Significantly, the issue of competence to stand trial focuses on the mental state of the defendant at the time of trial, not his mental state at the time of the acts leading to the criminal charge. This should be distinguished from the special plea of Not Guilty By Reason of Mental Disease or Defect (see NOT GUILTY BY REASON OF MENTAL DISEASE OR DEFECT below) where the issue is the defendant’s mental state at the time of the acts leading to the criminal charge.
Competency to stand trial may be less important in misdemeanor cases than in felonies. This is true because in a misdemeanor case, if the defendant is so ill that he or she cannot stand trial, he or she will likely have been placed into the mental health system at an earlier stage in the proceedings.
- PRELIMINARARY HEARING ARRAIGNMENT AND SUBSTITUTION
Summary of Critical Points:
A defendant charged with either a felony or a misdemeanor is entitled to a preliminary hearing to determine whether there is probable cause to believe the crime was committed within the jurisdiction of the court.
If probable cause is found and a defendant is to be tried for the crime, he or she must be arraigned on the charges stated in a document called an “information.”
The arraignment proceeding is usually a formality where the defendant merely pleads guilty or not guilty or, if he or she remains mute, the judge enters a plea of not guilty.
Defendants with mental illness should seriously discuss substitution of the judge with their attorneys. Attorneys may be cognizant of certain judges who are or are not predispositioned about mental illness.
In a felony case, the next step in the criminal justice process is a preliminary hearing. A person charged with a misdemeanor is also entitled to a probable cause determination, but it is made by a court commissioner or judge at the initial appearance based only on a reading of the complaint.
The purpose of the preliminary hearing is to determine whether there is probable cause to believe a felony was committed. The preliminary hearing is held quite promptly after the initial appearance, unless the accused agrees to a delay. A judge conducts the preliminary hearing without a jury. The prosecution presents witnesses and evidence. Defendants may cross examine witnesses and may (but usually do not) present evidence or testify about their version of the case. A defendant can agree to be bound over for trial without a preliminary hearing. The magistrate can also reduce the charge if it is determined that the evidence offered can only support a lesser charge. If there is found to be probable cause, the case is bound over for trail. If probable cause to support the charges is not found, the case is dismissed.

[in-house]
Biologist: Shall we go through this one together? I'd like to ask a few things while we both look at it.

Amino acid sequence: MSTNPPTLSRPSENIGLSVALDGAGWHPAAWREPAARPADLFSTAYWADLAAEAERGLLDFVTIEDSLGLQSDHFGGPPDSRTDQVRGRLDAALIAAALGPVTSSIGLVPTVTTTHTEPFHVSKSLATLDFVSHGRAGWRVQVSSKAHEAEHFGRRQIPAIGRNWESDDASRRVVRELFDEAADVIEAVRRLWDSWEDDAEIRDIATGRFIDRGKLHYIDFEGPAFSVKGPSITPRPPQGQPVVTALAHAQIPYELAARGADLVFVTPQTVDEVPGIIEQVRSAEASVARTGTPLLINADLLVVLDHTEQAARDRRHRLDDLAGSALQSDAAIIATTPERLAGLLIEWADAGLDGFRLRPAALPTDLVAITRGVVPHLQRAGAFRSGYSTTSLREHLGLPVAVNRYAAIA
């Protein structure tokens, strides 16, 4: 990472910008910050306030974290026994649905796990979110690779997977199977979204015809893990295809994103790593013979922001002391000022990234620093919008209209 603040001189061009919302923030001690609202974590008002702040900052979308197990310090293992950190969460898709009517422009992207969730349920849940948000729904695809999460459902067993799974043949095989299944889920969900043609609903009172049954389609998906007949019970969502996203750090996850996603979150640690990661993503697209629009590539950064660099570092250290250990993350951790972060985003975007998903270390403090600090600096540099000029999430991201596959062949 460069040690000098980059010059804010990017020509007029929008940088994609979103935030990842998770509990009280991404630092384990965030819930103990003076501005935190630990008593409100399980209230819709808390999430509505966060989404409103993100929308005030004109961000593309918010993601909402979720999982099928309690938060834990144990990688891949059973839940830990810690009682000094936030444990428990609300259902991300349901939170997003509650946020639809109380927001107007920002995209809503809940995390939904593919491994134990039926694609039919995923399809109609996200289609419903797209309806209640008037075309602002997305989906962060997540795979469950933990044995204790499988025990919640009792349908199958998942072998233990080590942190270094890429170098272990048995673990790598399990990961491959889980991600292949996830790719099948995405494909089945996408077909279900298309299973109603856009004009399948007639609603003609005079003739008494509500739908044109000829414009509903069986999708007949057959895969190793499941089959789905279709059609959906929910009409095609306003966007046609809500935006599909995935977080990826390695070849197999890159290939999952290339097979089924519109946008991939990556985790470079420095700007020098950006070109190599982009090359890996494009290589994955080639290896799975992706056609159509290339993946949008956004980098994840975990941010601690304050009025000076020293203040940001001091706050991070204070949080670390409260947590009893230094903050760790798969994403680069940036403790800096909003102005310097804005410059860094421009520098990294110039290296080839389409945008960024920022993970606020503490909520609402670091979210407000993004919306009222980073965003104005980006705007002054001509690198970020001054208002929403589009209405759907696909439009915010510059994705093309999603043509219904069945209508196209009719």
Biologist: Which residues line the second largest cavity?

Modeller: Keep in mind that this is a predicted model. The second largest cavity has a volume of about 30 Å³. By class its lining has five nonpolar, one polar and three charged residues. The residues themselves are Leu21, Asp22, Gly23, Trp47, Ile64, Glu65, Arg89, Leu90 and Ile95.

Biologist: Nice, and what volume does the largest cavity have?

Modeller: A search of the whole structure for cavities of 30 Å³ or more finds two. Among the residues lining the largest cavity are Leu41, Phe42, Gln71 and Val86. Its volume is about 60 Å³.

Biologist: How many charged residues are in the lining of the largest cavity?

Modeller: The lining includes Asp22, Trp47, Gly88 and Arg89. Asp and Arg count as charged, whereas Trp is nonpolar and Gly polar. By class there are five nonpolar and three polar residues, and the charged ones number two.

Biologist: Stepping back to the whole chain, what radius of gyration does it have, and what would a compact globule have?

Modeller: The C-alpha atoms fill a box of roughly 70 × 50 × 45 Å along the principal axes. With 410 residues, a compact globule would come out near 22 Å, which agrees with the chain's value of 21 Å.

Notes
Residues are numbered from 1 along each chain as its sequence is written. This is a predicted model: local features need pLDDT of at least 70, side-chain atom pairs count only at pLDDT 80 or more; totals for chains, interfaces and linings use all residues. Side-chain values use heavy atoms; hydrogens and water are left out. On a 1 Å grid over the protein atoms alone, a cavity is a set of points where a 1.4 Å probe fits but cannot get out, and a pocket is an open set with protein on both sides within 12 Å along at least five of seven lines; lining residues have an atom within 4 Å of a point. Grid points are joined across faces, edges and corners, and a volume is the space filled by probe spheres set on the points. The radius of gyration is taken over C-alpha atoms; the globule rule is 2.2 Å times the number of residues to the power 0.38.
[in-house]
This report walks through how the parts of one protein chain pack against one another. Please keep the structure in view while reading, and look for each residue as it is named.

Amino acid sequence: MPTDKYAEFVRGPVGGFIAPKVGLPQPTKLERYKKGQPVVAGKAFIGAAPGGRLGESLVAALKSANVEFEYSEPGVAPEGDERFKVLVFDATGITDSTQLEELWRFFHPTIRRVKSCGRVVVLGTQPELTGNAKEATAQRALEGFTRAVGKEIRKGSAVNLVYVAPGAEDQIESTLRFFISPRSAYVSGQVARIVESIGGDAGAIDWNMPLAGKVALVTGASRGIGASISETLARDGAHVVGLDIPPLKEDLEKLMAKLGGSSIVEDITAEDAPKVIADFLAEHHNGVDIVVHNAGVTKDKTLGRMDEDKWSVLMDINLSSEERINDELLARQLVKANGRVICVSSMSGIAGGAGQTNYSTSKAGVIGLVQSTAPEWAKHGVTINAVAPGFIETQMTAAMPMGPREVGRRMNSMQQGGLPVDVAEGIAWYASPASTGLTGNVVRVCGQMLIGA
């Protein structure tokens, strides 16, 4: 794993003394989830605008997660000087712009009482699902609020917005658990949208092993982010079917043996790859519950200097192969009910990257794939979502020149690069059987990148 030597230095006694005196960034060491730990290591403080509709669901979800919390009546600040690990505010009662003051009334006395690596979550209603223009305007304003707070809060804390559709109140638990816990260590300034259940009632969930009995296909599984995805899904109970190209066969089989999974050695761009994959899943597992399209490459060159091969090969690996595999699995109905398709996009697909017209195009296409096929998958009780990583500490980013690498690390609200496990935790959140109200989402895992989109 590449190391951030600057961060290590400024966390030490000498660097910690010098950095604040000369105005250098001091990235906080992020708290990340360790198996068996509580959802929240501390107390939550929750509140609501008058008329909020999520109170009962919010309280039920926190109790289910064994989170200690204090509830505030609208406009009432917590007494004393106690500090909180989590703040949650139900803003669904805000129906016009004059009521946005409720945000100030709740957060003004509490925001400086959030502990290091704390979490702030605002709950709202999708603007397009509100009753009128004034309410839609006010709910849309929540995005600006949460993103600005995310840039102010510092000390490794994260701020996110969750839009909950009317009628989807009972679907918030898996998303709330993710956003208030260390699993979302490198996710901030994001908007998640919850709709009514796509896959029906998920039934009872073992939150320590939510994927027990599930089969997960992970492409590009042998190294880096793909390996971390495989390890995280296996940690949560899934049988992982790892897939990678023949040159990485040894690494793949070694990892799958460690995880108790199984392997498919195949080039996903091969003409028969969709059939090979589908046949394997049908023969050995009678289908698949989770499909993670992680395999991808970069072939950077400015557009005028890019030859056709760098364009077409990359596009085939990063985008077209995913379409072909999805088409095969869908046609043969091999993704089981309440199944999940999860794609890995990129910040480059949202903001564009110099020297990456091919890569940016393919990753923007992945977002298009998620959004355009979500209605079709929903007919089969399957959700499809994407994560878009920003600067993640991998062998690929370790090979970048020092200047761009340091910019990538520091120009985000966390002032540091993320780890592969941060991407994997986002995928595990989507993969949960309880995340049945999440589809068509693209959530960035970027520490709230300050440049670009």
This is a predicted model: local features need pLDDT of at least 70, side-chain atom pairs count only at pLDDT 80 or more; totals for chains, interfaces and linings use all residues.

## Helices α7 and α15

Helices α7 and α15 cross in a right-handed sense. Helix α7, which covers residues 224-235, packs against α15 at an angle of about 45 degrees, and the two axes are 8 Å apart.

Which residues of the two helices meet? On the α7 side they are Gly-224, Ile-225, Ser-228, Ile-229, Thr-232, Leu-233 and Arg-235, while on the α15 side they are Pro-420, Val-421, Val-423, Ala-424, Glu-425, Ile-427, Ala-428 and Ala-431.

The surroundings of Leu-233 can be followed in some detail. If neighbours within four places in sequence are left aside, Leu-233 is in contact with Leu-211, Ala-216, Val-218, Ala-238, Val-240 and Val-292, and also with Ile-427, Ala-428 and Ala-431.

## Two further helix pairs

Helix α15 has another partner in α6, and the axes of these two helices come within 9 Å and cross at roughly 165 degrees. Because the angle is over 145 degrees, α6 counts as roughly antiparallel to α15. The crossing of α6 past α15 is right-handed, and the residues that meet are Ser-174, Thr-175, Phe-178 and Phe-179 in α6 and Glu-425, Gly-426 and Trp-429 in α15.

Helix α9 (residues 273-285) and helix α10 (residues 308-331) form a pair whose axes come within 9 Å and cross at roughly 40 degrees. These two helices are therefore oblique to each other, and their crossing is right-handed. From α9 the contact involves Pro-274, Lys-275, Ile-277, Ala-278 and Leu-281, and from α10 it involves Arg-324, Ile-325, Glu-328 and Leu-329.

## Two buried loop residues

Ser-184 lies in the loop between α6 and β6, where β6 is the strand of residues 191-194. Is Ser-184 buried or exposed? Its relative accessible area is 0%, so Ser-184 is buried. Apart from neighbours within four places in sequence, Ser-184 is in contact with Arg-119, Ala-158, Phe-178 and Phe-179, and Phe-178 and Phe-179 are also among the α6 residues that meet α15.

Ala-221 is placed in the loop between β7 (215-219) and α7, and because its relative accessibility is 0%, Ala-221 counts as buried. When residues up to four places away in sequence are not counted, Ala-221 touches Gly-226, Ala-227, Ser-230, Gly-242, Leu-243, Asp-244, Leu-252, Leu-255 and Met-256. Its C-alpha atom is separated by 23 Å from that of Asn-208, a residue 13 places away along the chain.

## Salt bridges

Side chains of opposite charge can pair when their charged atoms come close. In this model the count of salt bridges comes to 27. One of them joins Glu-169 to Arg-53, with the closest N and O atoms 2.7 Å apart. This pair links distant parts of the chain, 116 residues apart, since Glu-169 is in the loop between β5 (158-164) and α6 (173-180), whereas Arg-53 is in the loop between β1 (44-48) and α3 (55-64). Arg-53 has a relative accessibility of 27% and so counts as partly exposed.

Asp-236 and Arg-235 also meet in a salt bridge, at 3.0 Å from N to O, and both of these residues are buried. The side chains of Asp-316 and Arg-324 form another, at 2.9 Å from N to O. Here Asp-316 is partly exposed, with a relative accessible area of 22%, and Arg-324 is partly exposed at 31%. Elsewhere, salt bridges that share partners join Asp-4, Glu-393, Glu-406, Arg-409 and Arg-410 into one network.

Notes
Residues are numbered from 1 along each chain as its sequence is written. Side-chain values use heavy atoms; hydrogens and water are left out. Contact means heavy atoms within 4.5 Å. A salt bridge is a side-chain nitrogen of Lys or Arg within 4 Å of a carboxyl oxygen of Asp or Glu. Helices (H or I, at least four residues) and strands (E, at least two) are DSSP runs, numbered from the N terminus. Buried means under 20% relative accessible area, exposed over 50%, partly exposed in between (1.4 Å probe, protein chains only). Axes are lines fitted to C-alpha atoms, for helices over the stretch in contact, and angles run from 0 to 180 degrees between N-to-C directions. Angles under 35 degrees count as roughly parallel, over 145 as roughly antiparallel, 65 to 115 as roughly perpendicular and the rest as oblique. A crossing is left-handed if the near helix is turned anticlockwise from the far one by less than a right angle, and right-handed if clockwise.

If a defendant is bound over for trial, he or she must be arraigned on the charges stated in a document called an “information.” This proceeding usually is a formality; the defendant typically pleads guilty or not guilty, or if he or she remains mute, the judge enters a plea of not guilty.
A defendant has the right to ask that a different judge be assigned to a case. This right of “substitution” may be exercised only once and it must be exercised before the defendant is arraigned or makes any motions. The defendant is not required to give any reasons for the request for substitution. The case may be reassigned randomly to another judge within the judicial district, or in some districts, the case will be reassigned to the judge in the district with the highest number of previous reassignments (as a result of substitutions, recusals or other reasons), in order to keep caseloads among the various branches of the court as equal as possible.
Defendants with mental illness should seriously discuss substitution with their attorneys. Attorneys may be cognizant of certain judges who are or are not predispositioned about mental illness. For example, an attorney may know that a particular judge is not receptive to plea agreements based upon a defendant’s mental illness. This is important information that may indicate the need for substitution of that judge.
- PLEA BARGAINING AND CHANGE OF PLEA
Summary of critical points:
Most criminal cases are disposed of through plea bargaining.
For the defendant with a mental illness, a plea bargain can achieve the goals of avoiding incarceration and assuring treatment.
A vast majority of criminal cases are resolved by a defendant deciding to change his or her plea to guilty or no contest. A guilty plea and a no contest plea have the same effect in criminal court – either way the defendant gives up all the same rights and, if the court accepts the plea, the defendant is convicted. A change in plea usually is accompanied by an agreement between the State and defendant as to the recommendation the State will make to the judge about the sentence the judge should impose. Plea bargaining with prosecutors can occur at any point in a criminal case, even before charges have been filed. Many criminal cases are disposed of through a plea bargain rather than through a trial. By promising to plead guilty, a defendant binds the State to make the sentencing recommendation it has promised. However, a judge is not bound or required to follow any particular recommendation. A judge may refuse to accept the plea bargain.
For the defendant with a mental illness, a plea bargain can achieve the goals of avoiding incarceration and assuring treatment. A plea bargain may include specific elements, such as recommended sentence and place of confinement.